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Message 296: Throwing Rocks at Streetlamps

The post here claimed that I’d be writing on Radiohead and Marx for Radiohead and Philosophy. For personal reasons, unrelated to the book altogether (which will be excellent), I decided not to contribute.

Despite that, writing on the topic did start, but didn’t finish. It picked up where this blog post left off, turning to Marx as the best philosopher to help understand how money can, as Yorke puts it, get you by the balls. Quoted from the broken essay:

The best philosopher for understanding how money corrupts is Karl Marx. But music and Marx? Though Marx wrote nothing systematic on music, but we know he liked it, even loved it. And this music-loving Marx is the one more people should know. After park outings in London, Marx and his daughters sang their way home. Much earlier a worried mother wrote in 1835 to an ill son at Bonn University with the usual maternal cautions, but added, “Be careful also not to catch cold and, dear Carl, do not dance until you are quite well again.” We don’t know if this penchant for dance lasted after university, but I like to think it did; if not dance, then a love for music. Consider: for the greatest part of his life, Marx lived in London and one evening, feeling nationalistic after a pub crawl —one beer each at the eighteen pubs between Oxford Street and Tottenham Court Road—Marx is said to have harassed a group of patrons at the last stop. (And yes, a Marx in his early 40s made it through all eighteen pubs, presumably walking and not crawling.) Rumor has it Marx proclaimed: “No country but Germany … could have produced such masters as Beethoven, Mozart, Handel and Haydn; snobbish, cant-ridden England was fit only for philistines.” “Damned foreigners,” was heard and Marx, with drinking companions in tow, fled into the night to throw paving stones at streetlights.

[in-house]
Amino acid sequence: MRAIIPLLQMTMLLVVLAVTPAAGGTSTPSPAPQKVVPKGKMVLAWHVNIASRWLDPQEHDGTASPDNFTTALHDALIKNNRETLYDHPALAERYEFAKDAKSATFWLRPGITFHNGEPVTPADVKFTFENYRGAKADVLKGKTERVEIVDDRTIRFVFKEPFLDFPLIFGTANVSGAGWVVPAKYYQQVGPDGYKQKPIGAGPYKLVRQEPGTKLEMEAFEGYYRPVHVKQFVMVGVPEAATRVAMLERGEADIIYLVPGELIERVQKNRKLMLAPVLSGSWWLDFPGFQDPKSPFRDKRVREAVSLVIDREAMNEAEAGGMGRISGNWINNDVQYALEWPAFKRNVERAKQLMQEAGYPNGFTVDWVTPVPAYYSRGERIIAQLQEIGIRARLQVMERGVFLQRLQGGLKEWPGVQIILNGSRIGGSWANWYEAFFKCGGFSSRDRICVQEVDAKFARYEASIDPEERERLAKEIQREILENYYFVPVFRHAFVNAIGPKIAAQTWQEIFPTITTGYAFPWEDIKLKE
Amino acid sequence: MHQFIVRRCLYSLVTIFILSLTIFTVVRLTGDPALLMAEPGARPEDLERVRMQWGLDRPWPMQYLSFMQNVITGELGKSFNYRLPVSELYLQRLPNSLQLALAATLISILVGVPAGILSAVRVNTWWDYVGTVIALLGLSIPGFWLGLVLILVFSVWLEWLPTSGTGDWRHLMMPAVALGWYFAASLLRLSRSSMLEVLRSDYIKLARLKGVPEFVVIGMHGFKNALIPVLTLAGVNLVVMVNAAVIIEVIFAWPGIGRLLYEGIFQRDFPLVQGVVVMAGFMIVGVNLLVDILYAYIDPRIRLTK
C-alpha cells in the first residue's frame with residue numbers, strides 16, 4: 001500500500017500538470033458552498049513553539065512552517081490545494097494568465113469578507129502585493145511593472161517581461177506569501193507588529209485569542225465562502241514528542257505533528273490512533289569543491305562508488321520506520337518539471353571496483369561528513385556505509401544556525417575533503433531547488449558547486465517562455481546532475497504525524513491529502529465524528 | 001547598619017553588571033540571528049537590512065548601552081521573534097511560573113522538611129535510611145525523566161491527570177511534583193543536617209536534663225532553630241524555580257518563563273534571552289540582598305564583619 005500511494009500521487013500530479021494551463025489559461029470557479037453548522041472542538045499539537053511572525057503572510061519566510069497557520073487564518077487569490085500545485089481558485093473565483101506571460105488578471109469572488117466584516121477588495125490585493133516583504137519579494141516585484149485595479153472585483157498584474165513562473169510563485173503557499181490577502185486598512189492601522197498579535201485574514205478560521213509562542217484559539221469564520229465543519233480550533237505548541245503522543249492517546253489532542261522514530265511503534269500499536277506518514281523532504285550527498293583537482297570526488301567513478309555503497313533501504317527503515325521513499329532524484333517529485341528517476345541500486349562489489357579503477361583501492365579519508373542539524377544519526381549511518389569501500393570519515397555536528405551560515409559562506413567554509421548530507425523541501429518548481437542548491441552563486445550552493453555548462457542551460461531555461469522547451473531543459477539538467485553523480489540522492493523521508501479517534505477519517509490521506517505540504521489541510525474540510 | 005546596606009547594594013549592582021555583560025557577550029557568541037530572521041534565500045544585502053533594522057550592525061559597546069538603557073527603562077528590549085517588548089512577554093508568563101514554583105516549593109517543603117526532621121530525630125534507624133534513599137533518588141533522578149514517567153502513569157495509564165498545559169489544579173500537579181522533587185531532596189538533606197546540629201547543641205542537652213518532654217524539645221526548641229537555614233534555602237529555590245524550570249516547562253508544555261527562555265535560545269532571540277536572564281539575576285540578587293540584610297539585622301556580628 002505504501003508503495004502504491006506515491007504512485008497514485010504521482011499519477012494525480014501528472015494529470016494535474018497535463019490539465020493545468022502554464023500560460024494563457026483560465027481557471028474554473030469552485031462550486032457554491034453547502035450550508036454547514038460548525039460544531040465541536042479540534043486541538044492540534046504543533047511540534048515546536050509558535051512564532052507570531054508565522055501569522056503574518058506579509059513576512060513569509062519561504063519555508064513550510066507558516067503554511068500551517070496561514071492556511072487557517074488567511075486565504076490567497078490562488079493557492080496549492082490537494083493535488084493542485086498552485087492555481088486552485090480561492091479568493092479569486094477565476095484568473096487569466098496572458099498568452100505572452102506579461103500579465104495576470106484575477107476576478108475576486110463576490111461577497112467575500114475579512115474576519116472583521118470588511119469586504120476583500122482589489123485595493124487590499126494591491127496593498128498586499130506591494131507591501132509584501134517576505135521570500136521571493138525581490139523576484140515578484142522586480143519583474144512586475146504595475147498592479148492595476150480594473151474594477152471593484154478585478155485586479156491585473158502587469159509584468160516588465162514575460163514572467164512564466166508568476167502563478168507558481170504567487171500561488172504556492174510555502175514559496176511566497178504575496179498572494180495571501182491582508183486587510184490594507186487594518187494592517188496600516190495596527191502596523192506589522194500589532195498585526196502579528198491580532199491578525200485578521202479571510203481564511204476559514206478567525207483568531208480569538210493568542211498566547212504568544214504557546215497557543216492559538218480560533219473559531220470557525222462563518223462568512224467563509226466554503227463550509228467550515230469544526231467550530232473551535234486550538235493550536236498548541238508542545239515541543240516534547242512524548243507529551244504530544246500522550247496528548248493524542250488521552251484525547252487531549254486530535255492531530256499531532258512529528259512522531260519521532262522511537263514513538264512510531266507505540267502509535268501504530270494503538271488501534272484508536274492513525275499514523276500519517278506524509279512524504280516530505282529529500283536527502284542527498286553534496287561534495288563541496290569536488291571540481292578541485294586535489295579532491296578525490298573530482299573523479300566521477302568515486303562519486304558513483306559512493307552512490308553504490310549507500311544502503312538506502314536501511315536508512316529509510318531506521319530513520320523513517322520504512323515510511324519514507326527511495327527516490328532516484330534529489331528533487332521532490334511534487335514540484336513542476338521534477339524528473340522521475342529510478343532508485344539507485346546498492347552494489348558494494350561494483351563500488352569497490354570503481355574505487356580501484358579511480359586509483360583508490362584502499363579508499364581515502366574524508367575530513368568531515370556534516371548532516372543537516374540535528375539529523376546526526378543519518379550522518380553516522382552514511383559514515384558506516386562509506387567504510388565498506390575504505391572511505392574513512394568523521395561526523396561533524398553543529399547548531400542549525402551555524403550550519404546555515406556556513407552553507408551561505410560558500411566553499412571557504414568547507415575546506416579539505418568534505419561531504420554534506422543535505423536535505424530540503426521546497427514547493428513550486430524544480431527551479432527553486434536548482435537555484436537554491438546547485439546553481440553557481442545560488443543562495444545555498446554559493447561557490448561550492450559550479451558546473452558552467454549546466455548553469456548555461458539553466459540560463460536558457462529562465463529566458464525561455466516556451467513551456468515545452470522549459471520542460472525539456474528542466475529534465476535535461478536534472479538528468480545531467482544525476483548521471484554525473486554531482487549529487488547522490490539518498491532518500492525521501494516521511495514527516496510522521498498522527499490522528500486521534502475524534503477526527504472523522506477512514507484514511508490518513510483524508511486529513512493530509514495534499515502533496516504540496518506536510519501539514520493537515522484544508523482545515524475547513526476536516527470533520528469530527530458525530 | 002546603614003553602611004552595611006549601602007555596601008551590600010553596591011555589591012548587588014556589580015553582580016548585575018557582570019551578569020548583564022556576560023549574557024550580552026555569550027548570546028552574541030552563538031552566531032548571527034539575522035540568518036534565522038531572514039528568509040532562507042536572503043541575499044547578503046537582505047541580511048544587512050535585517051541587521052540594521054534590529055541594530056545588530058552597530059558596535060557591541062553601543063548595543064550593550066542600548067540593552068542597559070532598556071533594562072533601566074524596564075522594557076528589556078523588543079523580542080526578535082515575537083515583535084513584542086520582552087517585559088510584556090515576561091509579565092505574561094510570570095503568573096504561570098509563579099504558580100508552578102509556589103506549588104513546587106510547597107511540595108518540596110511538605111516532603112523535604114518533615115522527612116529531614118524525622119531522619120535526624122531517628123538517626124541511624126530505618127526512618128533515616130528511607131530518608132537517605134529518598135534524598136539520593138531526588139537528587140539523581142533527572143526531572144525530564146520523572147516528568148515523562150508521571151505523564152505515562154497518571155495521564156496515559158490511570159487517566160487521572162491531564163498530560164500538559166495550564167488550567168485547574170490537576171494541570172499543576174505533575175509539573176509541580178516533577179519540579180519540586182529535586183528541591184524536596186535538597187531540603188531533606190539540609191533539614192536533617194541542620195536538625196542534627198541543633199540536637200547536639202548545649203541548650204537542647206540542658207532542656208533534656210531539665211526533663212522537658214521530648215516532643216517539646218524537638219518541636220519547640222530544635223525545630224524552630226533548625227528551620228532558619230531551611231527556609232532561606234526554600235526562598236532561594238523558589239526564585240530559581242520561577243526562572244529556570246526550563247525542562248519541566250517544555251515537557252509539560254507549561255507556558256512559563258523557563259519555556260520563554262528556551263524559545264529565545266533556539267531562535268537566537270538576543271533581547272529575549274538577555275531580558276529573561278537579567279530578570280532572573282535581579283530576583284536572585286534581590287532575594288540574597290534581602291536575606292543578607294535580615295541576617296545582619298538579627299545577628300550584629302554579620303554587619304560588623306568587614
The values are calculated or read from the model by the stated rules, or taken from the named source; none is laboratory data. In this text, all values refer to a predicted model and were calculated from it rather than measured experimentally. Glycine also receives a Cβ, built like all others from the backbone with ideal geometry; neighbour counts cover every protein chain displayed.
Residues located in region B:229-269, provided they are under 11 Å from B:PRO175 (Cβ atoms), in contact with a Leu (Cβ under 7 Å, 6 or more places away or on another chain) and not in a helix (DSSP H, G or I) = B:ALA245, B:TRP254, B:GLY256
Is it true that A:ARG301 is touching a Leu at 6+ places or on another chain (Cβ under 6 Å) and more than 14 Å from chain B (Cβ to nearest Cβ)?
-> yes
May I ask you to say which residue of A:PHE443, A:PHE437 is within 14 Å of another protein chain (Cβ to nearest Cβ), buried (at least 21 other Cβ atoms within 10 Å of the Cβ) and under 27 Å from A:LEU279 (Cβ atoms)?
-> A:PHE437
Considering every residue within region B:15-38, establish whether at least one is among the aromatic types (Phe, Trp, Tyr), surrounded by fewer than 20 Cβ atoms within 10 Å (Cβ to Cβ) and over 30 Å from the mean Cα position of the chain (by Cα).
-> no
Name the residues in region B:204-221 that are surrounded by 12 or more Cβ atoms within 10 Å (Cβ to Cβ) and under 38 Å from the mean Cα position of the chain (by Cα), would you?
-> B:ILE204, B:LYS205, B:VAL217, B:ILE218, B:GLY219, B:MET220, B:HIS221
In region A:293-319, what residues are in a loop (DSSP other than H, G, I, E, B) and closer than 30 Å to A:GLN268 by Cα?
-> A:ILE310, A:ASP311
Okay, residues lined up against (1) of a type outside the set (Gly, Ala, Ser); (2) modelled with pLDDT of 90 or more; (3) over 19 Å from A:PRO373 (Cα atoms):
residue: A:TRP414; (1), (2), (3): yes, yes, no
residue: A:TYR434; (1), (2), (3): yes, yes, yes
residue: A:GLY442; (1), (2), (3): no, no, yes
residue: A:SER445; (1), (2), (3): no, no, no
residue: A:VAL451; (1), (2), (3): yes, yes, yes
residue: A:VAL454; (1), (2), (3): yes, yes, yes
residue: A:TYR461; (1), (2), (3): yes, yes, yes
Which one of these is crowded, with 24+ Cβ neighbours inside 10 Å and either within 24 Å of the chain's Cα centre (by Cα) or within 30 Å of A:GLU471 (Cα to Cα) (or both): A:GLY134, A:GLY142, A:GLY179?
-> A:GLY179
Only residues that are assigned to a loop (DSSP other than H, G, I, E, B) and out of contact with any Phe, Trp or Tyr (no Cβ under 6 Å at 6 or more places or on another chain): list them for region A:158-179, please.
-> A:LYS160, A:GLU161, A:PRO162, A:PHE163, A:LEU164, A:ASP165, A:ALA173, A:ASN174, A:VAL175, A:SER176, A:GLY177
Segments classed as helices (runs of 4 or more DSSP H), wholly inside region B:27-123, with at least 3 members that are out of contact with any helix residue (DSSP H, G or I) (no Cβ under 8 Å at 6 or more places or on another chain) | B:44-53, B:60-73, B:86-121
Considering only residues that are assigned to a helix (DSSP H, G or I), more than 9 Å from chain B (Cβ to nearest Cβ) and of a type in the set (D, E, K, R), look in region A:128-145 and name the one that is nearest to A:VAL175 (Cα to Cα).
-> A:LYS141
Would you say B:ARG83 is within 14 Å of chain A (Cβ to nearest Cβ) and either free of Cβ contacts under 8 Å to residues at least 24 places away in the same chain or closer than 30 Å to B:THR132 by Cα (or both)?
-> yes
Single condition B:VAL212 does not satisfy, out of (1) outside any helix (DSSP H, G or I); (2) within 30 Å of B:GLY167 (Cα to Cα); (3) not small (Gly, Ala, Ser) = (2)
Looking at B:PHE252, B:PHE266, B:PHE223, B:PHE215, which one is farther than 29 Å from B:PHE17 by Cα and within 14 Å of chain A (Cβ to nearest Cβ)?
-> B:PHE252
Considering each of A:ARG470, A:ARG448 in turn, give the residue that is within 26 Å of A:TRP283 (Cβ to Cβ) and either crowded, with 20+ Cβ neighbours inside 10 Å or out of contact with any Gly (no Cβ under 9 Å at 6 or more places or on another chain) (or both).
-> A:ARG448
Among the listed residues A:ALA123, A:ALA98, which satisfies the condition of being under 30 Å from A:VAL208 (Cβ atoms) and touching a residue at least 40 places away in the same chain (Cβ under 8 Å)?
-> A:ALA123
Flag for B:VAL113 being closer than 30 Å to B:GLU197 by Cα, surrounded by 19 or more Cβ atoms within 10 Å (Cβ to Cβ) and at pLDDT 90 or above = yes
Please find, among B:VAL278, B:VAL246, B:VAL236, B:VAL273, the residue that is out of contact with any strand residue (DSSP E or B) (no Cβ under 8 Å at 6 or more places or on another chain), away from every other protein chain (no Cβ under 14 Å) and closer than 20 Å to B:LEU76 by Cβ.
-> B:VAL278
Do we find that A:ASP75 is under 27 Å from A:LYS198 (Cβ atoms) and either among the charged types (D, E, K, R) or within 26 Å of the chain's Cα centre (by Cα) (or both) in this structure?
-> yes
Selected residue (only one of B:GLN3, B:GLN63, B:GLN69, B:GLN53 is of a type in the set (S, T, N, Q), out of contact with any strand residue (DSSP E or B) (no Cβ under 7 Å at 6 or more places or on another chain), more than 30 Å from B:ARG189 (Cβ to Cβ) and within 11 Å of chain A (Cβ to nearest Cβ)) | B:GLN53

This anecdote, remembered by Wilhelm Liebknecht, one of the evening’s co-conspirators, is one of the few glimpses of Marx’s musical taste. There’s likely little rhyme or reason to what prompted a Marx deep in his cups to trot out musical composers as the height of German achievement, but we might argue in vino (and in cervesae) veritas. Marx not only knew the names of his countries’ great composers but mentioned them instead of other Germans—like Hegel, Marx’s largest philosophical influence, and Goethe, perhaps the country’s greatest writer—who’d left the most obvious marks on his work.

This vision of Marx, dancing at university and defending Germany’s music and throwing rocks at streetlights, is the best place to start. It’s best not, in Radiohead’s words, to “get any big ideas” about Marx. In other words, set aside what you might know about Marx: throw out the quotes that might be circling your head from The Communist Manifesto or your ideas about Communism or Marxism. This is even what Marx would ask; on hearing a group call themselves Marxist he said, “I at least am not a Marxist.” I admit, approaching Marx without preconceptions or context is difficult or maybe impossible—approaching a “Nude” Marx is maybe, “not going to happen.” Yet, his most sympathetic readers—people like Louis Althusser, Etienne Balibar, Maurice Merleau-Ponty, and Edmund Wilson—all suggest this may be the best way into his difficult, dense philosophy for beginning, intermediate and advanced readers alike. If we can imagine a metaphorically “Nude” Marx—yet with wild hair and beard still in place for dramatic effect (he consciously cultivated the beard, letters reveal)—then we can rearrange the puzzle of his philosophy so at least some of the jigsaw pieces fall into place.

Marx’s philosophy might be best summed up by a sentence from a work that pre-dates the multi-volume, phonebookishly-oversized monument known in German as Das Capital. The sentence runs: “Men make their own history, but not of their own free will; not under circumstances they themselves have chosen but under the given and inherited circumstances with which they are directly confronted.” This sentence, in some ways, captures all of what later writers have dubbed “dialectical materialism,” the name later philosophers gave to Marx’s philosophical outlook. But we don’t need to name Marx’s philosophy anything to understand the core of it: people exist in tension between what they would make of the world and what the world would make of them.

It is exactly this tension Thom Yorke is trying to speak about in 1997, the tension between making music and making money from that music. Even though making music has brought them money, they fear money is now dictating what music they make. Radiohead’s entire career can be read as playing out this tension—sometimes the world wins, sometimes Radiohead wins. Right now, arguably, with the digital self-distribution of one of their best albums to date, Radiohead has won the latest battle.

Here the palimpsest fragments.

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